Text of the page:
The Travel Credit Card Part – 7 Building Miles and Points

The Travel Credit Card Part – 7 Building Miles and Points

 

In our last article we discussed how to build free travel assets using credit card bonus offers. The credit card bonus offers are a large part of gathering free travel assets but the use of credit cards to get free travel has a very important second element.

I like to think of this second element of building reward points as “spending power”. Every one that spends money on items like groceries, gas, restaurants, cloths or any other item that you can buy with a credit card has “spending power”. I you spend a dollar on groceries and don’t us a travel credit card on that purchase you have lost “spending power.” The trick Geezer Travel exploits is taking that dollar you had to spend anyway and turning it into the maximum amount of “spending power” in order to maximize the free travel from that dollar of “spend”.

All travel credit card give you rewards for the money or “spend” you make with their card. Some offer very little rewards and some offer huge rewards the trick is to get the most bang for your buck with the money you spend every day.

The first thing you have to know is that every dollar you spend is not created equal in the eyes of most credit cards. When you look at adds for credit cards you will see notations like X3 points for groceries or X2 points for gas. These notations mean that if you use this card for groceries you will get 3 points for every dollar you send on groceries or 2 points for every dollar you spend on gas. The multiplier that your card offers for certain types of spending is a critical part of the cards ability to be to tool for you to use in generating free travel.

The second thing you need to know is that every point is not equal. American air miles are generally valued between 1.7 and 1.5 cents per mile. This value can change when ever American changes its policies that control how their miles can be redeemed. United and Delta miles are almost always valued less than American miles. I have seen American Express Miles I value at ~2 cents based on the common way I use these points. My point is when you’re calculating which cards give you the most bang for your buck you need to not only consider what the card offers for a multiplier on different spend but also the value of their miles. I know a lot to digest.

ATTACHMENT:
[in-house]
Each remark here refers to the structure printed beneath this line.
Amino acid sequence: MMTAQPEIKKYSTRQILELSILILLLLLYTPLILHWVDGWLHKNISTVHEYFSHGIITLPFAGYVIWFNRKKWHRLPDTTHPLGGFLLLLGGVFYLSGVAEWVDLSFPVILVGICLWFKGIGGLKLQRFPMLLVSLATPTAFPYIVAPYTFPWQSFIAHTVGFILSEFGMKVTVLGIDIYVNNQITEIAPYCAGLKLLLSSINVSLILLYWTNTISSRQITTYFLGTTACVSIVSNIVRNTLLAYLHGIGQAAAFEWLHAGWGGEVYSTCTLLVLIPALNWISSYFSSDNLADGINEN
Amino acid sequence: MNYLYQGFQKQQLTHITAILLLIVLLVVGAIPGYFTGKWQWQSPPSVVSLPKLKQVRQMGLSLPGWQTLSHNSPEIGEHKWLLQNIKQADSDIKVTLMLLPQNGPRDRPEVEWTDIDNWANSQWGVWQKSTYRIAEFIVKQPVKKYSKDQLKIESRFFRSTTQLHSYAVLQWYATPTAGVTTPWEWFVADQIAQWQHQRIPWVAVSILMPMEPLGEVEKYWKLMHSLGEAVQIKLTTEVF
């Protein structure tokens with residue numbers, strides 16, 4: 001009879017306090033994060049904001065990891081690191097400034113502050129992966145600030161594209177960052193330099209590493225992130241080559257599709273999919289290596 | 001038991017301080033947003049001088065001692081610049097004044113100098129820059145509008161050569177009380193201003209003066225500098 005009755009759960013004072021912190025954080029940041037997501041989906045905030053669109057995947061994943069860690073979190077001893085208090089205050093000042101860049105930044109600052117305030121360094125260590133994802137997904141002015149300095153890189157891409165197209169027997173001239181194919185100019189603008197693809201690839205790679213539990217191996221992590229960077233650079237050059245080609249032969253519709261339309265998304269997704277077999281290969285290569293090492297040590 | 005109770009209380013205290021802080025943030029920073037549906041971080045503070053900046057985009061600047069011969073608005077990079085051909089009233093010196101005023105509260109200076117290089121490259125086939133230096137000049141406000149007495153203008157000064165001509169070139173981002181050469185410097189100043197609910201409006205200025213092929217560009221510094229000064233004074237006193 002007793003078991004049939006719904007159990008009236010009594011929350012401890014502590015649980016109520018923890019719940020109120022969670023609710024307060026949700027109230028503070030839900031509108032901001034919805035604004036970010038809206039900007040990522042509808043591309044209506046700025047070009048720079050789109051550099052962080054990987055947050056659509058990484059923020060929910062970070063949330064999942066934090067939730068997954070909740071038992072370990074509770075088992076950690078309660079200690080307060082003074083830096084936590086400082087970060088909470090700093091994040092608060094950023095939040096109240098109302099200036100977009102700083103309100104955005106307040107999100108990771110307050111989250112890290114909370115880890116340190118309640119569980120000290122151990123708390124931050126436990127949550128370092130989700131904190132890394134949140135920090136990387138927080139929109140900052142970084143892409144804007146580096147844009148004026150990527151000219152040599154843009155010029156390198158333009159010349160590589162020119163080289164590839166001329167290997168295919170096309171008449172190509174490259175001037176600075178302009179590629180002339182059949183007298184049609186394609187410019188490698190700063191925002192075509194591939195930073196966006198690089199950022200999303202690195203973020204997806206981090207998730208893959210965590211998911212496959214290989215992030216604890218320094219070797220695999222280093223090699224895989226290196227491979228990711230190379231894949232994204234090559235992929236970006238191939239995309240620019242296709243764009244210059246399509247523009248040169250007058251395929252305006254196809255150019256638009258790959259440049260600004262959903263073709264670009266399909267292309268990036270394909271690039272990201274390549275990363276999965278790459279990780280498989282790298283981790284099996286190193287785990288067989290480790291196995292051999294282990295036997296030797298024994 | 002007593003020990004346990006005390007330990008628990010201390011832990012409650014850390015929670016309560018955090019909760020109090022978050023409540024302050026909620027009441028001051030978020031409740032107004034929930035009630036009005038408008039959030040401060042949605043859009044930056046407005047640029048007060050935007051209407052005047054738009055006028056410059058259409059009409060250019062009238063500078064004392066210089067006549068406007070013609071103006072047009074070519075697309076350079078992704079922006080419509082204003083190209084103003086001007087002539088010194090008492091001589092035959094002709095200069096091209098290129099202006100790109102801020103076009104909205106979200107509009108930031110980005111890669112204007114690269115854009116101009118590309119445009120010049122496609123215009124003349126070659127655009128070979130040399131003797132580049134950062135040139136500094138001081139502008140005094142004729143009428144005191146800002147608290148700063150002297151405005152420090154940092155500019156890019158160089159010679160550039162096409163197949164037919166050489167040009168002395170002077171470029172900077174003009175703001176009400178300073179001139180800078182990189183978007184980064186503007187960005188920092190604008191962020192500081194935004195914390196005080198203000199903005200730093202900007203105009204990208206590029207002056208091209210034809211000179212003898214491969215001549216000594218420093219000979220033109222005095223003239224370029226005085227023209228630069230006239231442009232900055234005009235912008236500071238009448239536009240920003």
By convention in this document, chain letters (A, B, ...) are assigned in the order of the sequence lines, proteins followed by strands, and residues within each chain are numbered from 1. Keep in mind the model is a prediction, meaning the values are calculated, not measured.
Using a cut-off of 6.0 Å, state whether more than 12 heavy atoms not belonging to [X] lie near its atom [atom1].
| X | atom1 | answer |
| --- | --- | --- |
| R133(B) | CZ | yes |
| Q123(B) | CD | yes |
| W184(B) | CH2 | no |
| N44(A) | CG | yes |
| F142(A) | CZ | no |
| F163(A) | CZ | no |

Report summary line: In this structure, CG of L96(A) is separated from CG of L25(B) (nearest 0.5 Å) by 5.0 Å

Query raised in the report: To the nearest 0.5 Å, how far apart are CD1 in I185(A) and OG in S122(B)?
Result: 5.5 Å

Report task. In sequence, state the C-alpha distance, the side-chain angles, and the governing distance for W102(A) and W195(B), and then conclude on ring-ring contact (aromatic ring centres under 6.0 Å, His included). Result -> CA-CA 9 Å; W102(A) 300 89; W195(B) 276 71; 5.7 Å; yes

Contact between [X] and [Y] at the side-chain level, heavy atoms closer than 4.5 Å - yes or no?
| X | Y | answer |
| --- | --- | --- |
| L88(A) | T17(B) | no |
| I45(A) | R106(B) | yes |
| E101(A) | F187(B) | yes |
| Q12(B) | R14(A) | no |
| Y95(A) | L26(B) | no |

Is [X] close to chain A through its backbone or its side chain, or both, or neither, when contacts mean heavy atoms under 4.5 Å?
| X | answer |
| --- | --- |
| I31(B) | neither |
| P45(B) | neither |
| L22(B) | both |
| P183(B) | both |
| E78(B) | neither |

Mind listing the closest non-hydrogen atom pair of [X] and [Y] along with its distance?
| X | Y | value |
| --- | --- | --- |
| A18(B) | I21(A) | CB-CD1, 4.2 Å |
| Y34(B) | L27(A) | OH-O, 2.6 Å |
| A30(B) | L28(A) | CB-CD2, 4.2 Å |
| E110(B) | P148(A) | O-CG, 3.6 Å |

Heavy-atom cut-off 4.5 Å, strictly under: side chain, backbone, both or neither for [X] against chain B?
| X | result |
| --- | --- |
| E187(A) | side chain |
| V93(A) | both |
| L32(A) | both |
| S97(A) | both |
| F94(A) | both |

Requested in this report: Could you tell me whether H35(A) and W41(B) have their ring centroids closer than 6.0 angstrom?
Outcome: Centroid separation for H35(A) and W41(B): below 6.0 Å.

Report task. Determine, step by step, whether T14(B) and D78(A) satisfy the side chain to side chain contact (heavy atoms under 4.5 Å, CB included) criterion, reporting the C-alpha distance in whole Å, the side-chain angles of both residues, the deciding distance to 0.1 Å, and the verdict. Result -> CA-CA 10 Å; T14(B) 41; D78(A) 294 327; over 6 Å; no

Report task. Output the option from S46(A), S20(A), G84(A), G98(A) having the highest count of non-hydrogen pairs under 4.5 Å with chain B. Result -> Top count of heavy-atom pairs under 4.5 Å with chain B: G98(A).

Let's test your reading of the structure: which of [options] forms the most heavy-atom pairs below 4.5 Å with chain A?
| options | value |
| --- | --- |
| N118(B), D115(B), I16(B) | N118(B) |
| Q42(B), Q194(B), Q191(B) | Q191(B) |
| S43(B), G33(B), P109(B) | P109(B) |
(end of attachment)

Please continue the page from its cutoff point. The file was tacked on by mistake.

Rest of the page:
To help explain how credit card “spend” works I’ll start with the a simple example the Barclay Arrival Plus card offers X2 points on every purchase. Their multiplier is X2 for everything you buy with the card. Because, the Barclay Arrival Plus card uses the “statement credit” system of redemption and values each point as a penny taken off your Barclay Arrival Plus statement the value of any dollar of “spend” put on the card is 2 cents. So if you spend $2000 dollars a month and only use the Barclay Arrival Plus card you will receive 4000 (4 X $2000 spent on card) points a month worth $40 dollars (4000 points X 1 cent value of the points) in free travel.